performing a measurement, by one or more sensors associated with the machine, to obtain a dynamic signal associated with the machine while the machine is operating;
applying one or more signal-processing techniques to the dynamic signal to obtain frequency, amplitude, and/or time-frequency information associated with the dynamic signal;
segmenting the dynamic signal into a number of motion states based on the frequency, amplitude, and/or time-frequency information, which comprises computing a variance of a frequency component having a maximum power;
extracting motion-insensitive features from the frequency, amplitude, and/or time-frequency information based on the segmented dynamic signal; and
determining whether a fault occurs in the machine based on the extracted features.
2. The method of claim 1, wherein the dynamic signal comprises one of:
a current signal;
a vibration signal; and
an acoustic signal.
3. The method of claim 1, further comprising preprocessing the obtained dynamic signal to remove high-frequency noise.
4. The method of claim 1, wherein the signal-processing techniques comprise one or more of:
a time-domain analysis technique;
a frequency-domain analysis technique; and
a time-frequency-domain analysis technique.
5. The method of claim 4, wherein the time-domain analysis technique comprises Hilbert transform (HT), wherein the frequency-domain analysis technique comprises Fourier transform (FT), and wherein the time-frequency-domain analysis technique comprises one or more of:
short-time Fourier transform (STFT);
wavelet transform; and
matching pursuit (MP).
6. The method of claim 1, wherein the motion states comprise one or more of:
an idle state;
a transient state; and
a steady state.
7. The method of claim 6, wherein extracting the motion-insensitive features comprises one or more of:
computing, during the steady state, a ratio between a power of a frequency component having a maximum power and a total power of other frequency components;
computing, during the steady state, a magnitude fluctuation index; and
computing, during the transient state, a magnitude fluctuation index based on a Hilbert transform of the dynamic signal.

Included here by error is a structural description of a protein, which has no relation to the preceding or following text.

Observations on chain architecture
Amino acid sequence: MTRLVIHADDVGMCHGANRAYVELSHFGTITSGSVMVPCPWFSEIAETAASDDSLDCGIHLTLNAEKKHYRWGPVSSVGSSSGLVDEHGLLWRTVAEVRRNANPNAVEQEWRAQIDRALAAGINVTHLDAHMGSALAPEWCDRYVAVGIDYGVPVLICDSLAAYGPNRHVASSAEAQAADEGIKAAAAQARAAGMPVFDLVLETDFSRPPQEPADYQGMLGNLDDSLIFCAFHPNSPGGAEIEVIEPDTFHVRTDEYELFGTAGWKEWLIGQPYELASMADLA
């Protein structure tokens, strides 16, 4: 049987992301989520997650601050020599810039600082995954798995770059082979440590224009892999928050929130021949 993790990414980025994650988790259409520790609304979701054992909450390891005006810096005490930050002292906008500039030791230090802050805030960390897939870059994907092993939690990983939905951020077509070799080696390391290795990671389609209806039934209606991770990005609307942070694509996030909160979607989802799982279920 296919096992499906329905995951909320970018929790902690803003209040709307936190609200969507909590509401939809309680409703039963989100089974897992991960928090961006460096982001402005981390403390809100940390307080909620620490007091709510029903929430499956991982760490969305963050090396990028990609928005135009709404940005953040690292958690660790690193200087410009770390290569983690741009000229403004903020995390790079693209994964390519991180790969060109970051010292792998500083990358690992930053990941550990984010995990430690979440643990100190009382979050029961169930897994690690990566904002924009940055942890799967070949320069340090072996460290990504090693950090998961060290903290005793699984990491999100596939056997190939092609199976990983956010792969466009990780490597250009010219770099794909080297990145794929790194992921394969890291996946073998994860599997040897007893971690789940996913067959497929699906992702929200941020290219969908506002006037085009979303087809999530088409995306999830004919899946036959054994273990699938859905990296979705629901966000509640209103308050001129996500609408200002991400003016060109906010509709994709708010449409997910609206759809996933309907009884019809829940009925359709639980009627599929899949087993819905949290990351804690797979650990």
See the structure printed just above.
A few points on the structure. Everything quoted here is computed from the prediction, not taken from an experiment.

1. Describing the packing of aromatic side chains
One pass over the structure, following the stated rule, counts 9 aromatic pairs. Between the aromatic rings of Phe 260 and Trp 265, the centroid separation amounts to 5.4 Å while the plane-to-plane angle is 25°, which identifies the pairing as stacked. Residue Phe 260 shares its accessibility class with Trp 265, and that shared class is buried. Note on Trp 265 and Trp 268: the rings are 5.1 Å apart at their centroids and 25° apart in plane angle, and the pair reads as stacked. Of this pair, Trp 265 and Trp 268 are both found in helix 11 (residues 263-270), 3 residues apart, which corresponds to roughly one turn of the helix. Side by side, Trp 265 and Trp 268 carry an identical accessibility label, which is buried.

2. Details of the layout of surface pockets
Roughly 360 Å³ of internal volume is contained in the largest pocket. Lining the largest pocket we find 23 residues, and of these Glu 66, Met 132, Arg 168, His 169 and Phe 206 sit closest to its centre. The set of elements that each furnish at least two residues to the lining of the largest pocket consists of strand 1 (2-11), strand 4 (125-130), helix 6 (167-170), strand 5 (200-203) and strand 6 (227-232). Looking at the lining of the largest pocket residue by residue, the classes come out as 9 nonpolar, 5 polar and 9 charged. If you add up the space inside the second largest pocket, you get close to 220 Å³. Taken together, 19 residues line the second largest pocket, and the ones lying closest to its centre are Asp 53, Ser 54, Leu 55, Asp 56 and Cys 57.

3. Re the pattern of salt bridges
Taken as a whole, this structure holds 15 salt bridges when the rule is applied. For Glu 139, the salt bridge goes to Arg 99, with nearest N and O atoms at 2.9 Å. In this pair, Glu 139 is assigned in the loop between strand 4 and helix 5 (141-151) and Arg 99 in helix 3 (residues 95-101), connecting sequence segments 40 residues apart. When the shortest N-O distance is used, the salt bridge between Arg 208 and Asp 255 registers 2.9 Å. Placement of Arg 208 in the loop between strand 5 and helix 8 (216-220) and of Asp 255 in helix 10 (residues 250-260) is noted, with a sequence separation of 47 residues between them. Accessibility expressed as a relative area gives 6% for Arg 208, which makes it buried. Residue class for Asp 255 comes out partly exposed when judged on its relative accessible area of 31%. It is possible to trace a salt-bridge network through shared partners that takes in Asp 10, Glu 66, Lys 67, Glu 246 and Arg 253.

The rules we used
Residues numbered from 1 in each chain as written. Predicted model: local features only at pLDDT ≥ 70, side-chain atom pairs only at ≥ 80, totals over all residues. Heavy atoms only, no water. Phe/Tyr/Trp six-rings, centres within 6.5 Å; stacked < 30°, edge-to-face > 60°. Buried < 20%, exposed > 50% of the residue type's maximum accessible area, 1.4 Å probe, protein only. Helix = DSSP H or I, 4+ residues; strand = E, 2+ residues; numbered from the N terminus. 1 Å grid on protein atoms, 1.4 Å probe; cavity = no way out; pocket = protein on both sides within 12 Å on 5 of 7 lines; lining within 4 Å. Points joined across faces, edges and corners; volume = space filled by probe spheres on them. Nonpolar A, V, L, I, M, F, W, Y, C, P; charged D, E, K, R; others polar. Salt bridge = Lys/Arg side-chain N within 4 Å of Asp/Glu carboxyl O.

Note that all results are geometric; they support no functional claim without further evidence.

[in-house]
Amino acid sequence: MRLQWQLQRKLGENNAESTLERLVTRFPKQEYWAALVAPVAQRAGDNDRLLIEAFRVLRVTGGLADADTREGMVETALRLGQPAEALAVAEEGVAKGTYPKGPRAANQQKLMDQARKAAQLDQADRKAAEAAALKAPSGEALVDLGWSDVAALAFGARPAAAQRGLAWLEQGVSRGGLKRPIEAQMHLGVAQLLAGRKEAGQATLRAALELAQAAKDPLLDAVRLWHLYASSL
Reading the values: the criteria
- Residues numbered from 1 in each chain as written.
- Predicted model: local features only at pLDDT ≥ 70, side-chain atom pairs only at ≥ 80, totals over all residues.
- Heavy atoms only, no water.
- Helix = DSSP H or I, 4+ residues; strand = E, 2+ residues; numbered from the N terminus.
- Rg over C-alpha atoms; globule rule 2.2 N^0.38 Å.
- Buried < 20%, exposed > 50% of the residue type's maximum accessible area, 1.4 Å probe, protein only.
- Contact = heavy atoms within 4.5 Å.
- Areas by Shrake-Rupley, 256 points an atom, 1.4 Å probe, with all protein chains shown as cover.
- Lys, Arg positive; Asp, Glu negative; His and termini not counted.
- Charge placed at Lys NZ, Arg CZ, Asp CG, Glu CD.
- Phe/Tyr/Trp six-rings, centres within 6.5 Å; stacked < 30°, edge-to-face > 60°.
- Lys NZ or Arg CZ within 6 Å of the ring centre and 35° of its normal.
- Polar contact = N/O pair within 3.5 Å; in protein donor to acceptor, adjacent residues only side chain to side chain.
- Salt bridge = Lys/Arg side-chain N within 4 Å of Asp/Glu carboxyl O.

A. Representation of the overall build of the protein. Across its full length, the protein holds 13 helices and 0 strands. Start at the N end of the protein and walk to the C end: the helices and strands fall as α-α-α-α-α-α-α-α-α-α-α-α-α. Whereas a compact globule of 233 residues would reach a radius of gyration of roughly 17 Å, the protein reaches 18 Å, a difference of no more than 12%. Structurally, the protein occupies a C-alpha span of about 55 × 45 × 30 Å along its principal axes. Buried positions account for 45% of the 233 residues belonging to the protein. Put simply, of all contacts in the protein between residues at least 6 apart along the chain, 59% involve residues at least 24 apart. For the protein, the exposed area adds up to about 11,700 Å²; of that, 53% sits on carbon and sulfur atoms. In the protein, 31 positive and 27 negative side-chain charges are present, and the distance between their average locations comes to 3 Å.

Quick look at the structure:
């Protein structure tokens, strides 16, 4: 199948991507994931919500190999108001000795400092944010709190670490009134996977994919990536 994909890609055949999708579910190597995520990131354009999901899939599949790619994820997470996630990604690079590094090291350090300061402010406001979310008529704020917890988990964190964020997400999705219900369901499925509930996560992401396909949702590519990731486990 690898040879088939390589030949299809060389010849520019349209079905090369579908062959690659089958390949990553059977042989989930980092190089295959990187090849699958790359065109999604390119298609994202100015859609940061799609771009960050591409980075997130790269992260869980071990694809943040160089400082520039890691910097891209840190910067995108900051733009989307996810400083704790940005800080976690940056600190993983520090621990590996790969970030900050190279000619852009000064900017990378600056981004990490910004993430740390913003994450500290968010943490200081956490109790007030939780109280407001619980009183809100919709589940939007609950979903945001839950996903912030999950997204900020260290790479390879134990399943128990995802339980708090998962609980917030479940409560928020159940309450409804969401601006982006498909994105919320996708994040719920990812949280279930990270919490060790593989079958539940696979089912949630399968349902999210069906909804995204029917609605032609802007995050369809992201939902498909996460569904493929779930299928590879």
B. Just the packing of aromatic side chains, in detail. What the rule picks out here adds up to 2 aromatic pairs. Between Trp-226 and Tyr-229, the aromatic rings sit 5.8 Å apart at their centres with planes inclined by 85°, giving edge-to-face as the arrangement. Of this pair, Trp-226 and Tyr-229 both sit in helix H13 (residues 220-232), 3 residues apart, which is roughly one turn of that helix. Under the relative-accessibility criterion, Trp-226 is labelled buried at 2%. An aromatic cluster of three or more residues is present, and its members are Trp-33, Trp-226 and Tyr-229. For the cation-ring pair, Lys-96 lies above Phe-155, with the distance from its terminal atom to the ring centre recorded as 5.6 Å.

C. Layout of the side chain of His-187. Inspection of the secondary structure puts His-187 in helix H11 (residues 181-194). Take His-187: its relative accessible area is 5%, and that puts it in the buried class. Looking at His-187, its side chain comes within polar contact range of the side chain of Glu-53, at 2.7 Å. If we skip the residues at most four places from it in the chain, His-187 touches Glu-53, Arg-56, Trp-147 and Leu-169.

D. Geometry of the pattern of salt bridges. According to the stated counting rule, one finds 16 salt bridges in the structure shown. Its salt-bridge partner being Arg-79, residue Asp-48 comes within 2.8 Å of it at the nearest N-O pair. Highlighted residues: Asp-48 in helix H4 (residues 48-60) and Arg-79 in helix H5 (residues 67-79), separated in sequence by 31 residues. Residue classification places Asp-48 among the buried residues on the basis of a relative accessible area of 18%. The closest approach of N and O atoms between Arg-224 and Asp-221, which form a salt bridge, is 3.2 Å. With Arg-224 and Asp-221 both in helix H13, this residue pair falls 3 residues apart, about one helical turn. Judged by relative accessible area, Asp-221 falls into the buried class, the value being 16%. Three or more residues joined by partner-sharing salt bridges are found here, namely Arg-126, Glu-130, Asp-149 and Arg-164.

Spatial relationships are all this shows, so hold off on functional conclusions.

8. The method of claim 1, wherein determining whether the fault occurs comprises:
constructing a feature vector based on the extracted features; and
applying an unsupervised machine-learning technique to classify the feature vector.
9. The method of claim 8, wherein the unsupervised machine-learning technique comprises a k-means clustering technique or a Gaussian mixture models (GMM) clustering technique.
10. An apparatus for detecting faults in a machine, comprising:
one or more sensors for obtaining a dynamic signal associated with the machine;
a signal-processing module configured to apply one or more signal-processing techniques on the dynamic signal to obtain frequency, amplitude, and/or time-frequency information associated with the dynamic signal;
a state-segment module configured to segment the dynamic signal into a number of motion states based on the frequency, amplitude, and/or time-frequency information, wherein while segmenting the dynamic signal, the state-segment module computes a variance of a frequency component having a maximum power;
a feature-extraction module configured to extract motion-insensitive features from the frequency, amplitude, and/or time-frequency information associated with the dynamic signal; and
a fault-detection module configured to determine whether a fault occurs in the machine based on the extracted features.
11. The apparatus of claim 10, wherein the one or more sensors comprise:
a current sensor;
a motion sensor; and
a sound sensor.
12. The apparatus of claim 10, further comprising a signal preprocessing module configured to preprocess the obtained dynamic signal to remove high-frequency noise, wherein the signal-processing module is configured to perform one or more of:
a time-domain analysis technique;
a frequency-domain analysis technique; and
a time-frequency-domain analysis technique.
13. The apparatus of claim 10, wherein the motion states comprise one or more of:
an idle state;
a transient state; and
a steady state.
14. The apparatus of claim 13, wherein the feature-extraction module extracts the motion-insensitive features by one or more of:
computing, during the steady state, a ratio between a power of a frequency component having a maximum power and a total power of other frequency components;
computing, during the steady state, a magnitude fluctuation index; and
computing, during the transient state, a magnitude fluctuation index based on a Hilbert transform of the dynamic signal.
15. The apparatus of claim 10, wherein the fault detection module determines whether the fault occurs by:
constructing a feature vector based on the extracted features; and
applying an unsupervised machine-learning technique to classify the feature vector.
16. The apparatus of claim 15, wherein the unsupervised machine-learning technique comprises a k-means clustering technique or a Gaussian mixture models (GMM) clustering technique.